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Friday Forum: Nathan Green – “Financial Landscapes of Agrarian Change in Cambodia”
February 22, 2019 @ 12:00 pm - 1:30 pm
Financial Landscapes of Agrarian Change in Cambodia
W. Nathan Green
PhD Candidate, Department of Geography
Cambodia is in the midst of an agrarian transformation. Fewer Cambodians are farming, production is increasingly commodified, and processes are more mechanized. Researchers have begun to study how the fast growth within Cambodia’s microfinance industry is contributing to these changes. In this presentation, I draw upon a political ecology of debt analytic to argue that agrarian change is entangled with changing social relations of debt, the use of microfinance to fund social reproduction, and household dependence upon wage-labor remittances. To make my argument, I draw upon information gathered during 20 months of ethnographic research within a farming village in Kampot Province. I describe how social relations of debt have both contributed to agricultural changes and been re-shaped by new agricultural practices. For example, agricultural work groups reliant upon transplanting rice seedlings and plowing fields with draft animals tended to be underpinned by labor and in-kind debt relations. As farmers switch to seed broadcast techniques with high capital inputs and mechanization, debt relations have become more monetized and spatially extended. The purpose of this paper is to better understand debt in its diverse material and social forms, and how these debt relations in turn shape the geographical and ecological contours of contemporary Cambodian rice agriculture.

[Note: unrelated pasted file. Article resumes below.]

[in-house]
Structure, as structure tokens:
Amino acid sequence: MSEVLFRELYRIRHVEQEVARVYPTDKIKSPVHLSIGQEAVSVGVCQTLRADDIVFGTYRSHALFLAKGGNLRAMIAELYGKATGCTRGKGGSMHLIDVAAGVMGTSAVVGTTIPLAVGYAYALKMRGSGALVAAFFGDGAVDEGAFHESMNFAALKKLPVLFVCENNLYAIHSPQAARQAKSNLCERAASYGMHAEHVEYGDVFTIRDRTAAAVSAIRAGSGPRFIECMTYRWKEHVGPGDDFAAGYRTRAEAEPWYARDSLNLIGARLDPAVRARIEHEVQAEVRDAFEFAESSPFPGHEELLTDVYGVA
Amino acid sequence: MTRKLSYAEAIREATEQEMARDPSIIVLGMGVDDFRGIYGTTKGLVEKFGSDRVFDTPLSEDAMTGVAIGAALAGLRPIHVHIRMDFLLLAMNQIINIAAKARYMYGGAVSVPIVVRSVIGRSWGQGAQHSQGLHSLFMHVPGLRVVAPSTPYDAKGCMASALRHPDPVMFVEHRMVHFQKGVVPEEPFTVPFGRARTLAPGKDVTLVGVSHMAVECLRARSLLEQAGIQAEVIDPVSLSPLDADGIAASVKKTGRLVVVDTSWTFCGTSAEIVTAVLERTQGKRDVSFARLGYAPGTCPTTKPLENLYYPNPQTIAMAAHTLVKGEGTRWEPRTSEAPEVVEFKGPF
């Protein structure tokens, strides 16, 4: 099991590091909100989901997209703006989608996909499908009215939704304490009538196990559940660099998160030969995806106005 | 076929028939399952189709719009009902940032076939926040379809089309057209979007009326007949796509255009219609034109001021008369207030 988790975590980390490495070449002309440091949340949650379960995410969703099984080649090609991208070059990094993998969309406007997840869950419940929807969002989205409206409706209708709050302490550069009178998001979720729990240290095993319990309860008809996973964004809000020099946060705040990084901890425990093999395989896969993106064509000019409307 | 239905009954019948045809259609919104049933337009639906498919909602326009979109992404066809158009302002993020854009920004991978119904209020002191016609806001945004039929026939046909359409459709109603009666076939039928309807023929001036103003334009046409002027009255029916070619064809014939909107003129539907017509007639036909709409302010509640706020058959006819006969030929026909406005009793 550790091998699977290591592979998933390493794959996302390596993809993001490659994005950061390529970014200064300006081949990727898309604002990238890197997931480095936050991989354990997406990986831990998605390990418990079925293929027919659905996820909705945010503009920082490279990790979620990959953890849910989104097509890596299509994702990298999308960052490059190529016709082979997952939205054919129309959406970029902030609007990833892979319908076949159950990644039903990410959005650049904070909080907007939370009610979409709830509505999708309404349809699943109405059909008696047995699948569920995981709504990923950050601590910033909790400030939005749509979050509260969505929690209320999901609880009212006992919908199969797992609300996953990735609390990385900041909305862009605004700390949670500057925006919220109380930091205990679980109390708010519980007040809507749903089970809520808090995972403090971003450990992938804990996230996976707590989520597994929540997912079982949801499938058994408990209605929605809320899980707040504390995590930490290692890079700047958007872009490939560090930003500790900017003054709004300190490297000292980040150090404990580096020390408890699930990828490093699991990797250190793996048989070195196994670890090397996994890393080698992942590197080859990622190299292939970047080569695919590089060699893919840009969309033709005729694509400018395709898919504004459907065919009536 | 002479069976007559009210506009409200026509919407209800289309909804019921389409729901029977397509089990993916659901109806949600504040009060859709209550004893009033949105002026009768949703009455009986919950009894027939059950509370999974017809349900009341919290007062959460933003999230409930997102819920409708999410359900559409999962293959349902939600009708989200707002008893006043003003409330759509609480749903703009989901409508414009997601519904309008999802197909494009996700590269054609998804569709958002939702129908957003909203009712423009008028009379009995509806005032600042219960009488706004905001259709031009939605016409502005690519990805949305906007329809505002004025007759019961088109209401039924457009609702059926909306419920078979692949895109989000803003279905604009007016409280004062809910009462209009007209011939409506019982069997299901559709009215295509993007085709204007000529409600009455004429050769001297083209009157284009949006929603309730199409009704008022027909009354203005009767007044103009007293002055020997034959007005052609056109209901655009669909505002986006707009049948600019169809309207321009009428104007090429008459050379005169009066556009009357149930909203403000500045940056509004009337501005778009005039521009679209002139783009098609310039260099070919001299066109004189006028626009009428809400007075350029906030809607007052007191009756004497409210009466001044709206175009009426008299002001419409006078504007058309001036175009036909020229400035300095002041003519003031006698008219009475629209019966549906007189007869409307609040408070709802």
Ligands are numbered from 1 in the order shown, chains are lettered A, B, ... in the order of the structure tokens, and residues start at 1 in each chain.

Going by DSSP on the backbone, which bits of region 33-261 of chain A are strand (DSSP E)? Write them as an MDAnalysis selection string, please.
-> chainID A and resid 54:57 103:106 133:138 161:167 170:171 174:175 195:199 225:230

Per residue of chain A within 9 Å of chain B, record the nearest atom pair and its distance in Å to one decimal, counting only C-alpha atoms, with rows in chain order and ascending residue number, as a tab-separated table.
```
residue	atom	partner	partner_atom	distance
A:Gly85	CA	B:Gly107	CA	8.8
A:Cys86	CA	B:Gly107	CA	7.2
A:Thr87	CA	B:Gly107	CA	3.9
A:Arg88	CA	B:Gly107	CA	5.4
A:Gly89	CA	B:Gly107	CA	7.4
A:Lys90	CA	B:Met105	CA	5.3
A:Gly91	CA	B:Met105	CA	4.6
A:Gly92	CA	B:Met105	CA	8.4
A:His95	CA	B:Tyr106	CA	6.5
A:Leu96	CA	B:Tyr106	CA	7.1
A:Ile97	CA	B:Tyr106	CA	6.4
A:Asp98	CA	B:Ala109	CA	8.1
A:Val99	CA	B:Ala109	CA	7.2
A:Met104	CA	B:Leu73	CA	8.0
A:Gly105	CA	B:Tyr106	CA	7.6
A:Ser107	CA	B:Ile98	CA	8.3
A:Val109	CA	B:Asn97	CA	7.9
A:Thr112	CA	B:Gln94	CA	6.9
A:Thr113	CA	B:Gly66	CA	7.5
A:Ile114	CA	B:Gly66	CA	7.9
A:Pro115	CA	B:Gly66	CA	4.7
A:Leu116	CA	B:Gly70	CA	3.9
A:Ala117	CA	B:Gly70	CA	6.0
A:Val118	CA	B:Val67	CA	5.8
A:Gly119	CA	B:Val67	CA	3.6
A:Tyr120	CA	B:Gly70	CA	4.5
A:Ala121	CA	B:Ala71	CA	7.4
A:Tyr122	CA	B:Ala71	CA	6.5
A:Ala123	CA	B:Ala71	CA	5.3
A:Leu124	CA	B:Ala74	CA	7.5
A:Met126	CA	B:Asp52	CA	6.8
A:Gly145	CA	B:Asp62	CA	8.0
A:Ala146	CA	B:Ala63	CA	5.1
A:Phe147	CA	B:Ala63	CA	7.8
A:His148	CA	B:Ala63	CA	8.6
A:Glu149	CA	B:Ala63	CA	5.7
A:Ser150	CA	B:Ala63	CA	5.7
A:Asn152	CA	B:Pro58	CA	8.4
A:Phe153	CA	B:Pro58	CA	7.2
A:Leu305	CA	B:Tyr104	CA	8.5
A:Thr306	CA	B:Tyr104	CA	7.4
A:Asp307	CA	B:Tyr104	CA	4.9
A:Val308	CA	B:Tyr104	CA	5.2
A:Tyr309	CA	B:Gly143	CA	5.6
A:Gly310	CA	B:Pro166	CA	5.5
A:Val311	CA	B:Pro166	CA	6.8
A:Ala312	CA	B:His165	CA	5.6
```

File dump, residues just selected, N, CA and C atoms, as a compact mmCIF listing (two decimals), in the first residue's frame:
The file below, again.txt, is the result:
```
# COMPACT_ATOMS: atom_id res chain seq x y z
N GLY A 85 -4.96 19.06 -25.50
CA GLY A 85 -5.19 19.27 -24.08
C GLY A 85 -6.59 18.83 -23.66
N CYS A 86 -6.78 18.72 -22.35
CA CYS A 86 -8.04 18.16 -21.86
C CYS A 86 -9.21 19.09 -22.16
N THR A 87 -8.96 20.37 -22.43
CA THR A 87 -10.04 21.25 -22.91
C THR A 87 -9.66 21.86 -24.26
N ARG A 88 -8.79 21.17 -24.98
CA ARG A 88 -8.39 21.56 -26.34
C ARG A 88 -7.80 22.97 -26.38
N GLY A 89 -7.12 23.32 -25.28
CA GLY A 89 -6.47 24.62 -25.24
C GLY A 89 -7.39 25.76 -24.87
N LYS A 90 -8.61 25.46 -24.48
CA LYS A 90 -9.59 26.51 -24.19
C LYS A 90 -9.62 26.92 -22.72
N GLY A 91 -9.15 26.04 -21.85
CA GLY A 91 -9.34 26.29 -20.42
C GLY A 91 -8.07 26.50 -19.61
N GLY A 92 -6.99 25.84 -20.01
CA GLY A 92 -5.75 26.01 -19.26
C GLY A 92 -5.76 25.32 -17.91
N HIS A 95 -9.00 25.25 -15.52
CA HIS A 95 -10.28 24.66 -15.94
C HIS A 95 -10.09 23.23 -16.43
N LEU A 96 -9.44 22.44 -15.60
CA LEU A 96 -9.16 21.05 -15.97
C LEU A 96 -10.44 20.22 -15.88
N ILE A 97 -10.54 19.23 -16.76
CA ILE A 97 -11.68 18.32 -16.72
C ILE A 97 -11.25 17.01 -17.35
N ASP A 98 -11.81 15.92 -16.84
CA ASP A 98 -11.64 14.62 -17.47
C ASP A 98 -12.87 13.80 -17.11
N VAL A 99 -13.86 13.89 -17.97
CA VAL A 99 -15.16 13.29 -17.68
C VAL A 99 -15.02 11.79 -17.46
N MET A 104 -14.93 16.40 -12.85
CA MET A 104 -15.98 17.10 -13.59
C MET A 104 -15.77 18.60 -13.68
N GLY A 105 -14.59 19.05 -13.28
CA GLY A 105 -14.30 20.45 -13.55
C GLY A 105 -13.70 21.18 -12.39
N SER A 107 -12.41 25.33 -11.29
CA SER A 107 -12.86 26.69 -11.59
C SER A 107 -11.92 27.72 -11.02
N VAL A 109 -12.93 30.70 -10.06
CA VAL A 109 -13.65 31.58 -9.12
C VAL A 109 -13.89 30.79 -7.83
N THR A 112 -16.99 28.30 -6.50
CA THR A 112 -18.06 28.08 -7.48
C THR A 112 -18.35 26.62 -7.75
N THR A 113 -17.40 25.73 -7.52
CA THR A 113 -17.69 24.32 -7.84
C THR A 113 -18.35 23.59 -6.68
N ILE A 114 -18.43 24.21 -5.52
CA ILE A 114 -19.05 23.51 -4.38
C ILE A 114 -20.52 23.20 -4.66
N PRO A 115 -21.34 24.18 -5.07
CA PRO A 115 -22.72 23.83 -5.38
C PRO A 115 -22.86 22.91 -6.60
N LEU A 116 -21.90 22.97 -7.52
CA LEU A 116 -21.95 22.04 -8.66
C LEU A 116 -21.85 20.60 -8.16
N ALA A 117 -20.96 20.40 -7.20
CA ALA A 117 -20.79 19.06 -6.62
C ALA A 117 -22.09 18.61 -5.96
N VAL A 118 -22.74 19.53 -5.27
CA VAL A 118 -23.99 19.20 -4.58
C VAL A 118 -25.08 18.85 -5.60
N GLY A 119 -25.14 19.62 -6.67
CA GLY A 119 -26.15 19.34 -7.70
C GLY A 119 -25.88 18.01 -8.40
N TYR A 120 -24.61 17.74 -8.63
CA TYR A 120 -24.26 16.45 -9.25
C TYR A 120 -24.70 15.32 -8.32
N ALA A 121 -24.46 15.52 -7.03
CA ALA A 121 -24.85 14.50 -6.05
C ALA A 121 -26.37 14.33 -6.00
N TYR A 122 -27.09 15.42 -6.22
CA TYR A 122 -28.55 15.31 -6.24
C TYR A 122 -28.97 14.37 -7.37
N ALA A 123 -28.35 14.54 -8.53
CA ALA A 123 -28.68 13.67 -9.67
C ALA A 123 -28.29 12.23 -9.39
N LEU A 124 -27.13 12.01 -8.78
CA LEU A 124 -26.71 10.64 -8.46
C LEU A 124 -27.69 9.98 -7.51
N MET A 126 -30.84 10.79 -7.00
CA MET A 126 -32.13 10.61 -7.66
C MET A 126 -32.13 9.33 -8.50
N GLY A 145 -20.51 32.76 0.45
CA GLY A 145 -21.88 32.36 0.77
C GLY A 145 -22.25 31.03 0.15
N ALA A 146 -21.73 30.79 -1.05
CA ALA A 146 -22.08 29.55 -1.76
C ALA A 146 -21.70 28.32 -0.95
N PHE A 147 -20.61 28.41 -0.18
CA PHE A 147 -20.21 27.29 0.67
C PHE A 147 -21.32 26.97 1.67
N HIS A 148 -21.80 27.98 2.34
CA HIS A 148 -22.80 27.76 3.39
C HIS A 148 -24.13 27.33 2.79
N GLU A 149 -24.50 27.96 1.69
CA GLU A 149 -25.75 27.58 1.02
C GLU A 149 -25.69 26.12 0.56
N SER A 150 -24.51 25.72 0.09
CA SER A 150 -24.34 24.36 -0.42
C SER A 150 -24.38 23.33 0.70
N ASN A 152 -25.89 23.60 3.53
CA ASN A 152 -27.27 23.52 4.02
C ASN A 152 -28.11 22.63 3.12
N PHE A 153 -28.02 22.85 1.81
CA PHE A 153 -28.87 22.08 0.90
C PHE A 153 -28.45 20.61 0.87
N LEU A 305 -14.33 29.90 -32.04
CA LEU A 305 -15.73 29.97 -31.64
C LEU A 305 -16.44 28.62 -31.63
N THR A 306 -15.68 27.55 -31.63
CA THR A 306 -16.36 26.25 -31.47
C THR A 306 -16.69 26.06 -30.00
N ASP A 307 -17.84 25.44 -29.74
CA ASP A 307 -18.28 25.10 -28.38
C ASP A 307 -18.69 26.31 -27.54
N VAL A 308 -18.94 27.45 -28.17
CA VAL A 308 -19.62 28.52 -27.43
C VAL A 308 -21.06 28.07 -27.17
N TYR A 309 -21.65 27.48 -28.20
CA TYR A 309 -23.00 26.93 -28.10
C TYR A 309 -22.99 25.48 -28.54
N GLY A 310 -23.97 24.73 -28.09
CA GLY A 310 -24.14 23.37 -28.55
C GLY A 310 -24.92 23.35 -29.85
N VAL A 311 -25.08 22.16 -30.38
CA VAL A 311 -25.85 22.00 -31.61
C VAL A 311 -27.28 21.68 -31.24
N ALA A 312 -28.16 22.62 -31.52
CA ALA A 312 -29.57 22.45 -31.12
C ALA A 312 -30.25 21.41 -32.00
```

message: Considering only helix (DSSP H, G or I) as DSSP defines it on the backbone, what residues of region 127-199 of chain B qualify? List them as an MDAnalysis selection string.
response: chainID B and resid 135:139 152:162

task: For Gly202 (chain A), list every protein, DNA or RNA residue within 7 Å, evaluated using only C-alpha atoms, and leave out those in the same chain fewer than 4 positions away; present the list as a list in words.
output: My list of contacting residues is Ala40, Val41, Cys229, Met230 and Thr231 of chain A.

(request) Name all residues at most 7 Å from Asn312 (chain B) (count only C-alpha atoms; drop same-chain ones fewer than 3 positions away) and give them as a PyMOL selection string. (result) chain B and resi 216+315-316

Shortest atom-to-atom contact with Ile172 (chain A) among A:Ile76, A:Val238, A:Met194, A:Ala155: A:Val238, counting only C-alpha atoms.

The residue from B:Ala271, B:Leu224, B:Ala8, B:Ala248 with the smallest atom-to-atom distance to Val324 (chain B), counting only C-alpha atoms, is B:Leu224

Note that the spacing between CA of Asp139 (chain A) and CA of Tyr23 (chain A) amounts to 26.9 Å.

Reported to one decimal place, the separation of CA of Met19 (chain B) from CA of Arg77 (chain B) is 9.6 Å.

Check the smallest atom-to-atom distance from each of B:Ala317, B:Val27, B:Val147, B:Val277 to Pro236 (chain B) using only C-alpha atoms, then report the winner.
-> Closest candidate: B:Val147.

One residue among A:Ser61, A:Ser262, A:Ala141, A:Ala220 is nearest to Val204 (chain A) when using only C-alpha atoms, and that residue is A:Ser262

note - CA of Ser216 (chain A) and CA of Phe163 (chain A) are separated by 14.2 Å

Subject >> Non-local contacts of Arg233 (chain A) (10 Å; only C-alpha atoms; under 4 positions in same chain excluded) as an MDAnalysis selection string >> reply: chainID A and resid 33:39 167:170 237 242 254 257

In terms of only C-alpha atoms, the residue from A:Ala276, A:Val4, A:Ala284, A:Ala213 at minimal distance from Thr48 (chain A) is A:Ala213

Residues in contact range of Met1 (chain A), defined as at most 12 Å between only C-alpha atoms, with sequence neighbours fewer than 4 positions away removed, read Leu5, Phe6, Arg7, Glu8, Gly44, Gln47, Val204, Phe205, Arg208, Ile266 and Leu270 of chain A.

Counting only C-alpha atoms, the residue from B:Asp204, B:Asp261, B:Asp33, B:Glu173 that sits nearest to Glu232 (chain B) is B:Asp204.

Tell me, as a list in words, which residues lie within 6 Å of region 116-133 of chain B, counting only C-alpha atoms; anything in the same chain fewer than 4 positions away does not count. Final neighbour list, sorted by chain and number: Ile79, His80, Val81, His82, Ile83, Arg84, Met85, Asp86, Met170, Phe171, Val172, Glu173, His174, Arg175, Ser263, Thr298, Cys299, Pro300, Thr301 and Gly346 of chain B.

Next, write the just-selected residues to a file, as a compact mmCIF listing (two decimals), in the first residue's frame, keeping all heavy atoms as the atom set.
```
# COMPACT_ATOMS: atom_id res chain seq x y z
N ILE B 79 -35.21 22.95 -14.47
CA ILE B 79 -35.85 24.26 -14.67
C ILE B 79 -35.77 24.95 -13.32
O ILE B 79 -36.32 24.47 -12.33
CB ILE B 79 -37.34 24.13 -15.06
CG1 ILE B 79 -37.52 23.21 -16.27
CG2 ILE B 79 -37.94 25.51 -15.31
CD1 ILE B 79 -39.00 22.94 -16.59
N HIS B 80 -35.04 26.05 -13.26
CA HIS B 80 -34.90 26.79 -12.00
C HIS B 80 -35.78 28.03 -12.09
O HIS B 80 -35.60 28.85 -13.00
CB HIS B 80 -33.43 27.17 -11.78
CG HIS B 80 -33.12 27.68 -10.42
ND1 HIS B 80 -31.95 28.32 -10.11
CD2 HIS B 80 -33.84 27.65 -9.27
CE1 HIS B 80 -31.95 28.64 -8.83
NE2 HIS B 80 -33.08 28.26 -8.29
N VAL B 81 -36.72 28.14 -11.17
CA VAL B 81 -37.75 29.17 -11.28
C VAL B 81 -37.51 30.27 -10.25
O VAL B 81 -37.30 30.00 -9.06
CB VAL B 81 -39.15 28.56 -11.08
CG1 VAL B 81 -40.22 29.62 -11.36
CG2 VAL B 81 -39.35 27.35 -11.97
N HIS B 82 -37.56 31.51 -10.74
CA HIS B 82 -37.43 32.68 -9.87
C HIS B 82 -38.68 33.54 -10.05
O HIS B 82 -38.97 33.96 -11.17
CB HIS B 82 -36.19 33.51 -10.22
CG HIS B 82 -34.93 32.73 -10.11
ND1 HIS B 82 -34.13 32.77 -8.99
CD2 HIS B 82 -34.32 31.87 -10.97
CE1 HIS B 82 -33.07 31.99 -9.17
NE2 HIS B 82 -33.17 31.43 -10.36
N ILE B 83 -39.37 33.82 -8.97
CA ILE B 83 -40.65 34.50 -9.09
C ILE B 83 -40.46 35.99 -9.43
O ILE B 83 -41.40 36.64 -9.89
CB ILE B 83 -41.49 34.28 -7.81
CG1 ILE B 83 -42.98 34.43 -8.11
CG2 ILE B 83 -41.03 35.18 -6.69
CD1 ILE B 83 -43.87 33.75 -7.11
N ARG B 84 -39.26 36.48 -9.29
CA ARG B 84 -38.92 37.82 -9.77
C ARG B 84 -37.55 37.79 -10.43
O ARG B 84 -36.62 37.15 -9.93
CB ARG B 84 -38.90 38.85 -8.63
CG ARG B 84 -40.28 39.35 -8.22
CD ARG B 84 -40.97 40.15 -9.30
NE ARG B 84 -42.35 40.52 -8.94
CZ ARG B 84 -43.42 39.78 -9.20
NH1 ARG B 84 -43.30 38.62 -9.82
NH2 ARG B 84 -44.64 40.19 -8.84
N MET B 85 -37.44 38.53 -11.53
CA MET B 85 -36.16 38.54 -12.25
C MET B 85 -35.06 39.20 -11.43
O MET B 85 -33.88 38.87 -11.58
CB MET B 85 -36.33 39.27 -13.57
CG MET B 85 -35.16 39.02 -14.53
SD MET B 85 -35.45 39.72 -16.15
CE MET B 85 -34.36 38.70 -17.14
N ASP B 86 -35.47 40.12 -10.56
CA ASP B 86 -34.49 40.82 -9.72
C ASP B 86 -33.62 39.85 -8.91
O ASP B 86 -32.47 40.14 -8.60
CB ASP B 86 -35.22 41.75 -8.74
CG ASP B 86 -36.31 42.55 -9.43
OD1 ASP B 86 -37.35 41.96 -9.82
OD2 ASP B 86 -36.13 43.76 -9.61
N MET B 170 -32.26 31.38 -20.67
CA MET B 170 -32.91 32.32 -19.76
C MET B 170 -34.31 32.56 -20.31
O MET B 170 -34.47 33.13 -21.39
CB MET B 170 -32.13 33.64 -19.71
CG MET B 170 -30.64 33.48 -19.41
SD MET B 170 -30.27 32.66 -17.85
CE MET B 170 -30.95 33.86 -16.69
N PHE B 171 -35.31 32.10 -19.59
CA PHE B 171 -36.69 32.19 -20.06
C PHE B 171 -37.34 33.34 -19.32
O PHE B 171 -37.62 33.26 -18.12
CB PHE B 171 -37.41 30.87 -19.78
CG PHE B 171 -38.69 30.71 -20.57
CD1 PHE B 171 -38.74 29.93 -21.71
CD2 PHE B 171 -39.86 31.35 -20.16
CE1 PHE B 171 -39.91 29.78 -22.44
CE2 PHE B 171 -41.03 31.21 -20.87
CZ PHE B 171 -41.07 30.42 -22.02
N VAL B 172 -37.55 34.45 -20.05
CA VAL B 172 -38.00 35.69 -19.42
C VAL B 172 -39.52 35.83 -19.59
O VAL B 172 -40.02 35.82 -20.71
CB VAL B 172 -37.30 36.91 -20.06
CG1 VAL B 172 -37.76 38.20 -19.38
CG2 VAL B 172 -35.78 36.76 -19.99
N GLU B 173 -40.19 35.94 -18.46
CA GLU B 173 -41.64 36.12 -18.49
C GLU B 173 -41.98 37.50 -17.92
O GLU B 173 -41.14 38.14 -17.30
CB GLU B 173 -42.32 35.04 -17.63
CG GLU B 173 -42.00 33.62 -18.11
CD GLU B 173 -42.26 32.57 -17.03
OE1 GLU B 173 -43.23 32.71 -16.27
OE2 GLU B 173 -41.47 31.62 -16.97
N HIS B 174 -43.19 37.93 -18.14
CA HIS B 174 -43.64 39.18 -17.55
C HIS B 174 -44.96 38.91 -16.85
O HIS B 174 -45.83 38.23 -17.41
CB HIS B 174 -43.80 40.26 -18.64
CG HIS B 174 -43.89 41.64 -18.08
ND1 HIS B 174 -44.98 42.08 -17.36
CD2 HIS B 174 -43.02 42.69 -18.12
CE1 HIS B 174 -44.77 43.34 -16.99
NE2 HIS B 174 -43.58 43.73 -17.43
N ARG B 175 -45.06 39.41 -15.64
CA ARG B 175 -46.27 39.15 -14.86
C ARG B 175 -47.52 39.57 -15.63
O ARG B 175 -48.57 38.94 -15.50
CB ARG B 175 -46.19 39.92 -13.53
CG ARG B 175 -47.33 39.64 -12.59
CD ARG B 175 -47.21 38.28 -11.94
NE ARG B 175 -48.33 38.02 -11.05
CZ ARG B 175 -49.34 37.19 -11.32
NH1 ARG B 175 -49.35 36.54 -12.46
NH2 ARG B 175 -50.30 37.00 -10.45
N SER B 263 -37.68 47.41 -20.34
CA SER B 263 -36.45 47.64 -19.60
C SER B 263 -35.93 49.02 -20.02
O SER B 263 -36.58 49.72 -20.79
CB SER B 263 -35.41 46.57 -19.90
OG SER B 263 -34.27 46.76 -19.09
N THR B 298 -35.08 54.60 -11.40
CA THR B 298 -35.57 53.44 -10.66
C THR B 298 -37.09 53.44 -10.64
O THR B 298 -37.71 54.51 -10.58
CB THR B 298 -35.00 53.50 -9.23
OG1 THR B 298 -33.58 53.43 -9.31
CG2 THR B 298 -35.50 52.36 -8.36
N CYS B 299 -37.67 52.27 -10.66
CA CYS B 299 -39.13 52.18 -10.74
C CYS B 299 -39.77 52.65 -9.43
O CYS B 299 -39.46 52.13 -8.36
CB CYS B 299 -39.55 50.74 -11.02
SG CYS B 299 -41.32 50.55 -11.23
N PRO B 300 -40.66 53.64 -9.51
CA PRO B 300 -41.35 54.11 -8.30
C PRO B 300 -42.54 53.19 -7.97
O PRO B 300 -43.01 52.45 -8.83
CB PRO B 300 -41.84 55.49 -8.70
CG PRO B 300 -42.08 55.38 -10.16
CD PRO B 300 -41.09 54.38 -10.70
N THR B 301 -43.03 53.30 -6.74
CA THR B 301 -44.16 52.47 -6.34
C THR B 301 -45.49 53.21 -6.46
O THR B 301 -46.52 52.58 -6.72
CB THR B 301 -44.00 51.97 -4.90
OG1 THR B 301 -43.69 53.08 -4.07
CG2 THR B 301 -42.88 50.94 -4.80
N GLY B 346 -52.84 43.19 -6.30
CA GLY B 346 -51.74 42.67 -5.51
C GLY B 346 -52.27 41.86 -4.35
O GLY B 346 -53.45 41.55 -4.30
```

W. Nathan Green is a PhD Candidate in the Department of Geography at the University of Wisconsin-Madison. His research is driven by questions about the economic, cultural, and environmental dimensions of development in Southeast Asia. In his dissertation, he uses ethnographic methods to study agro-environmental change and financial markets in rural Cambodia. Specifically he details the linkages between the global microfinance industry and the country’s land registry system in order to understand how collateralised debt has reconfigured household economic relations, agricultural practices, and people’s access to land. Nathan also studies the ways that hydropower dam projects in Laos and Cambodia transform people-environment relations. His next project will investigate the role of climate change finance in rural development and local resource governance in Cambodia.